Quad Cities gun owners, range owner react to bump stock ban
The Trump administration has officially banned bump-fire stocks.
The device makes it easier to fire a semi-automatic weapon. The ban comes in response to the Las Vegas massacre in 2017. Former Iowa Senate candidate and current acting Attorney General Matthew Whitaker signed the regulation making bump stocks illegal to possess beginning in late March.
"It is nibbling away at our second amendment rights so on the one hand, I don't like the decision but, myself personally, it doesn't affect me,” Janelle Westrom, owner of Davenport Guns told TV6 Tuesday night in response to the announcement.
The Las Vegas shooting killed 58 people. Police say 14 of the gunman’s 22 semi-automatic rifles were equipped with bump stocks, allowing him to fire more than a thousand rounds in 10 minutes.
"A 90-day period now begins in which persons with bump-stock type devices must turn those devices into an ATF field office, or destroy them by March 21st,” White House Press Secretary Sarah Sanders said.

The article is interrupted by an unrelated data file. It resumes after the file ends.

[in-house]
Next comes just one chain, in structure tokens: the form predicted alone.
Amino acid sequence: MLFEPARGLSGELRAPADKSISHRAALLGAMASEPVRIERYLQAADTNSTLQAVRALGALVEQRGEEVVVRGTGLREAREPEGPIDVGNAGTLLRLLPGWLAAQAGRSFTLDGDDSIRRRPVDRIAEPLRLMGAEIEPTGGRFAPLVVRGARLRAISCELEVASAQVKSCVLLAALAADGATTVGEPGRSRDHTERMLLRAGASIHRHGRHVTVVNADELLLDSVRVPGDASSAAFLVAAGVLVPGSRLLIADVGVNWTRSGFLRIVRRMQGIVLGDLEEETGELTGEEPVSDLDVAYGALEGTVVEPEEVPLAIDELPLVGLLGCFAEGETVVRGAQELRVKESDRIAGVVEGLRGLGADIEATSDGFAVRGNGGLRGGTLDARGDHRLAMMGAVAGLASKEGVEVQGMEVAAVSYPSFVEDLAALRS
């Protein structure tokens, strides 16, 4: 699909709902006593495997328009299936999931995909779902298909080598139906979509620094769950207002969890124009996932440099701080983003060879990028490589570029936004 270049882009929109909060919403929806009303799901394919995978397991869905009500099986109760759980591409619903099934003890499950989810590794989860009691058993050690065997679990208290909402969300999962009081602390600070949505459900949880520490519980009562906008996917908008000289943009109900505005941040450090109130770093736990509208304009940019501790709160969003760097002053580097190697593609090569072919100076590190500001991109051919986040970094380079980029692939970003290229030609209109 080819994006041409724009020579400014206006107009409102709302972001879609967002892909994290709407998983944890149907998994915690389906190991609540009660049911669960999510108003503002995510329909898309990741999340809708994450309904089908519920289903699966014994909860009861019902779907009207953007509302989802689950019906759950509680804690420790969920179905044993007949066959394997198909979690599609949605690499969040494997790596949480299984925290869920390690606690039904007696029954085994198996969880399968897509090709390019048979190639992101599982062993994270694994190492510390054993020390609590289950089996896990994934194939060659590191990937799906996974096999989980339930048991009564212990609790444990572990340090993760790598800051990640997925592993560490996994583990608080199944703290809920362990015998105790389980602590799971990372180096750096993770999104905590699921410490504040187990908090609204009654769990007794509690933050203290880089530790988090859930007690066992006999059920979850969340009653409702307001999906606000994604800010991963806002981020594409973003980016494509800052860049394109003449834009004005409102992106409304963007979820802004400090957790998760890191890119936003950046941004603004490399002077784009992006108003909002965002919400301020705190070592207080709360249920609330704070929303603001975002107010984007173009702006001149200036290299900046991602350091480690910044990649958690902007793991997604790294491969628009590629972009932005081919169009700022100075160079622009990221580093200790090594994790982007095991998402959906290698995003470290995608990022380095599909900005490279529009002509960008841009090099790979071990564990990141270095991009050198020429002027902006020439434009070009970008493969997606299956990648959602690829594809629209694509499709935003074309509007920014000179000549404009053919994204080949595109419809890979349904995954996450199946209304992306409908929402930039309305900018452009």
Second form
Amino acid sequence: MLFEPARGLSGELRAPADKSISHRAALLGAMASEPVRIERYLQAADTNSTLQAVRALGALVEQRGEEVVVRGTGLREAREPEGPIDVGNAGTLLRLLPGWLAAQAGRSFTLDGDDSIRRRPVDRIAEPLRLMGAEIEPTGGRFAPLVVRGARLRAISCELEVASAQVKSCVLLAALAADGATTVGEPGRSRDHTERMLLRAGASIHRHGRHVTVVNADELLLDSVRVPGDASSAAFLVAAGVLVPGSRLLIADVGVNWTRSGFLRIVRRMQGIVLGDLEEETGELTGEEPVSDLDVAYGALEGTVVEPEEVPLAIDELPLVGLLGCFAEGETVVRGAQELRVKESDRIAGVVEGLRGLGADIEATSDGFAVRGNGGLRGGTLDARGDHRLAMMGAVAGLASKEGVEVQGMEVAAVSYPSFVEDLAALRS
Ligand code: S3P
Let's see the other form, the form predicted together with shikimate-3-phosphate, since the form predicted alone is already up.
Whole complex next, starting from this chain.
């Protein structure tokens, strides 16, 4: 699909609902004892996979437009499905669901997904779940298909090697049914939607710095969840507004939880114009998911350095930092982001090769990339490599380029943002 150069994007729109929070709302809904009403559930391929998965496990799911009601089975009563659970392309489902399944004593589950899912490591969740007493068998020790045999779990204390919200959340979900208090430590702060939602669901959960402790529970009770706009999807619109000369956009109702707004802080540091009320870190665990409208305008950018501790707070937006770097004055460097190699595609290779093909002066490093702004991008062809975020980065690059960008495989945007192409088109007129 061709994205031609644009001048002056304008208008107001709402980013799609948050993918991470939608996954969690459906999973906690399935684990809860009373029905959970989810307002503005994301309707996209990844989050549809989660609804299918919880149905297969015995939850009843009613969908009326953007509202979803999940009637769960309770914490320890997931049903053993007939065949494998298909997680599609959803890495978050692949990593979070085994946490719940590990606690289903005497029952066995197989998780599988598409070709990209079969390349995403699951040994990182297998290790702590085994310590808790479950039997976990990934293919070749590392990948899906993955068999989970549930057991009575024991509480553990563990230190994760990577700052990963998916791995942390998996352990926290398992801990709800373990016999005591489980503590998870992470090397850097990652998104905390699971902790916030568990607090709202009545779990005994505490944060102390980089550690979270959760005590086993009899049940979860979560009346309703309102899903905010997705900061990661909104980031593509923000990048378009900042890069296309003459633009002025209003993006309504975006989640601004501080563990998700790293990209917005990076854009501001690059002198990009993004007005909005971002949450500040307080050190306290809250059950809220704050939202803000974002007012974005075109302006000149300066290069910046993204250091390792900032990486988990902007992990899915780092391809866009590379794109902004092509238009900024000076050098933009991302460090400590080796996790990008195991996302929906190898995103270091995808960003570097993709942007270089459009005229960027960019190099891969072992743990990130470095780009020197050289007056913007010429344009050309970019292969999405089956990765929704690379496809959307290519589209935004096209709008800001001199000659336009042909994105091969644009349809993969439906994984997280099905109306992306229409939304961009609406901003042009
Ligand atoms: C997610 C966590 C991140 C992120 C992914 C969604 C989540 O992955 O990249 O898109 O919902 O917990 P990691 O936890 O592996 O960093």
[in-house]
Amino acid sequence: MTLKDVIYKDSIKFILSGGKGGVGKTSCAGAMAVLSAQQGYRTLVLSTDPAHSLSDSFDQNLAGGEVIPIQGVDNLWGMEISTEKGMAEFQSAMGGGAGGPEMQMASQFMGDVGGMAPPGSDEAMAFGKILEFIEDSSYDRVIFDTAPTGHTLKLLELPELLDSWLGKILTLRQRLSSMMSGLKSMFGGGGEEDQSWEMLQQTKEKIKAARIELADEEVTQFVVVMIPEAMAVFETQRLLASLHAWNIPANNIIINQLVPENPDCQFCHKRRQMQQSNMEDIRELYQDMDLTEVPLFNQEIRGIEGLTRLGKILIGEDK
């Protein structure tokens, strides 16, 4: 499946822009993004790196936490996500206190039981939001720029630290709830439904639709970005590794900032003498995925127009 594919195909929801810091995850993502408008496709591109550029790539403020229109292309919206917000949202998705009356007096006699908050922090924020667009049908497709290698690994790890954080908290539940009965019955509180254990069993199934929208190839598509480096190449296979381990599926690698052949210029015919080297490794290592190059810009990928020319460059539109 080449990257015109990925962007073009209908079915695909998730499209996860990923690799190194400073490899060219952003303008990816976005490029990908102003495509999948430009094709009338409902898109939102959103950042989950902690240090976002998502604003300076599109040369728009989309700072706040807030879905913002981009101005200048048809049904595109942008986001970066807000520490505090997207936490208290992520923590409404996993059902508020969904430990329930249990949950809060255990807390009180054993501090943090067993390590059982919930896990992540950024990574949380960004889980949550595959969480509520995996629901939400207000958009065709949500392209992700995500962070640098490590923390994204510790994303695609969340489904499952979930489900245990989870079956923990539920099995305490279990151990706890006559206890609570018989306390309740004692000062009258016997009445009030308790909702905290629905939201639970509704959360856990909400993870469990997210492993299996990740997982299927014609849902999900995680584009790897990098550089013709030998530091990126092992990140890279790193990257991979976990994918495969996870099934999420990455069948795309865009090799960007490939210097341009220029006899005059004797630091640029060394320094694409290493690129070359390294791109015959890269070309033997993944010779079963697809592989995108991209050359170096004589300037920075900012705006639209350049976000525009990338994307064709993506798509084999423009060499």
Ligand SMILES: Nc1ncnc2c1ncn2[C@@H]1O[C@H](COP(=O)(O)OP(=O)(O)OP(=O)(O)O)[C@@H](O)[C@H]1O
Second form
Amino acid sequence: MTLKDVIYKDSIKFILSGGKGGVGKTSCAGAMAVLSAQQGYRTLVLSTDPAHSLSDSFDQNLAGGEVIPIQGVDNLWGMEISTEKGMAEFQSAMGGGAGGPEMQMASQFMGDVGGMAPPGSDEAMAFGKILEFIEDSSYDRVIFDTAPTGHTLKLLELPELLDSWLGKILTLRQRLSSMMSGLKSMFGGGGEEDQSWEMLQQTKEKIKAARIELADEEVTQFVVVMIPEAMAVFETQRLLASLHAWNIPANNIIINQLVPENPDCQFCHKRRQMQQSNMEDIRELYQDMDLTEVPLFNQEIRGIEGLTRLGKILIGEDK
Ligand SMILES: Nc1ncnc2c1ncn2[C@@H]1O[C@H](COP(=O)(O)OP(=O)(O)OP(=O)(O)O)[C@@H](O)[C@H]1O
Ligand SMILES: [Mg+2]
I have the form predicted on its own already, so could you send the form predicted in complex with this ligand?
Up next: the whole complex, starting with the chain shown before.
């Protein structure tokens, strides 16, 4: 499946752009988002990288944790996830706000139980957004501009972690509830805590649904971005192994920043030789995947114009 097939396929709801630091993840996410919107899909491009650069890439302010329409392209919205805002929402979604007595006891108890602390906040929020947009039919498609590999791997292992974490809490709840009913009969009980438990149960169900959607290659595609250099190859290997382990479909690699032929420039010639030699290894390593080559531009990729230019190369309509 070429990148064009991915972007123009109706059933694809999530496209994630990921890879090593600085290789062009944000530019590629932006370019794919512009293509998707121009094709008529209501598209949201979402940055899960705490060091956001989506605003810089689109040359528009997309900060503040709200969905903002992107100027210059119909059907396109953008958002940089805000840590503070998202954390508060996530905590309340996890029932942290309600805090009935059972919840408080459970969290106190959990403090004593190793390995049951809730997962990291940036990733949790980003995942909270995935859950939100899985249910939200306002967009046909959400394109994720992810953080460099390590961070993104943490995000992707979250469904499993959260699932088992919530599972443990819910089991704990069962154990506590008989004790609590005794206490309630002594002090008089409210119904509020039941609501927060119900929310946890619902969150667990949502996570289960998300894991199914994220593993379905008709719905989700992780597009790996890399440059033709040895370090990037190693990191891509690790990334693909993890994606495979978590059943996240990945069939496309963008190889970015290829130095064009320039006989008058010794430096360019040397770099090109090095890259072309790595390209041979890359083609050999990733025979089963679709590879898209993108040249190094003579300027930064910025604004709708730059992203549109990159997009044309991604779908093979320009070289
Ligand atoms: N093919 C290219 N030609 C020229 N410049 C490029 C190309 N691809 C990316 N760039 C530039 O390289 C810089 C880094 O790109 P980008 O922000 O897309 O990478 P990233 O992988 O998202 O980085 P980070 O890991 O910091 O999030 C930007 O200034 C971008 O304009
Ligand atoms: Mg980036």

Customers at Davenport Guns don’t support the decision and worry about what it could mean in the future.
"It seems like a gateway to banning certain kind of weapons,” John Warhank said. “It is the second amendment. It is the second thing our country thought about when you're making people free."
Bump stocks were not previously subject to federal regulation but after a Justice Department review, they’re now officially banned. Westrom doesn’t believe owners of bump stocks will give them up.
"When Colorado banned bump stocks, exactly zero people turned them in,” she said. “Same thing in Connecticut.”
The decision is drawing criticism from the National Rifle Association which said, “we are disappointed that this final rules fails to address the thousands of law-abiding Americans” who legally acquired bump stocks.
Survivors of mass shootings at a gay nightclub in Orlando, in Las Vegas and the Parkland school shooting all praised the decision.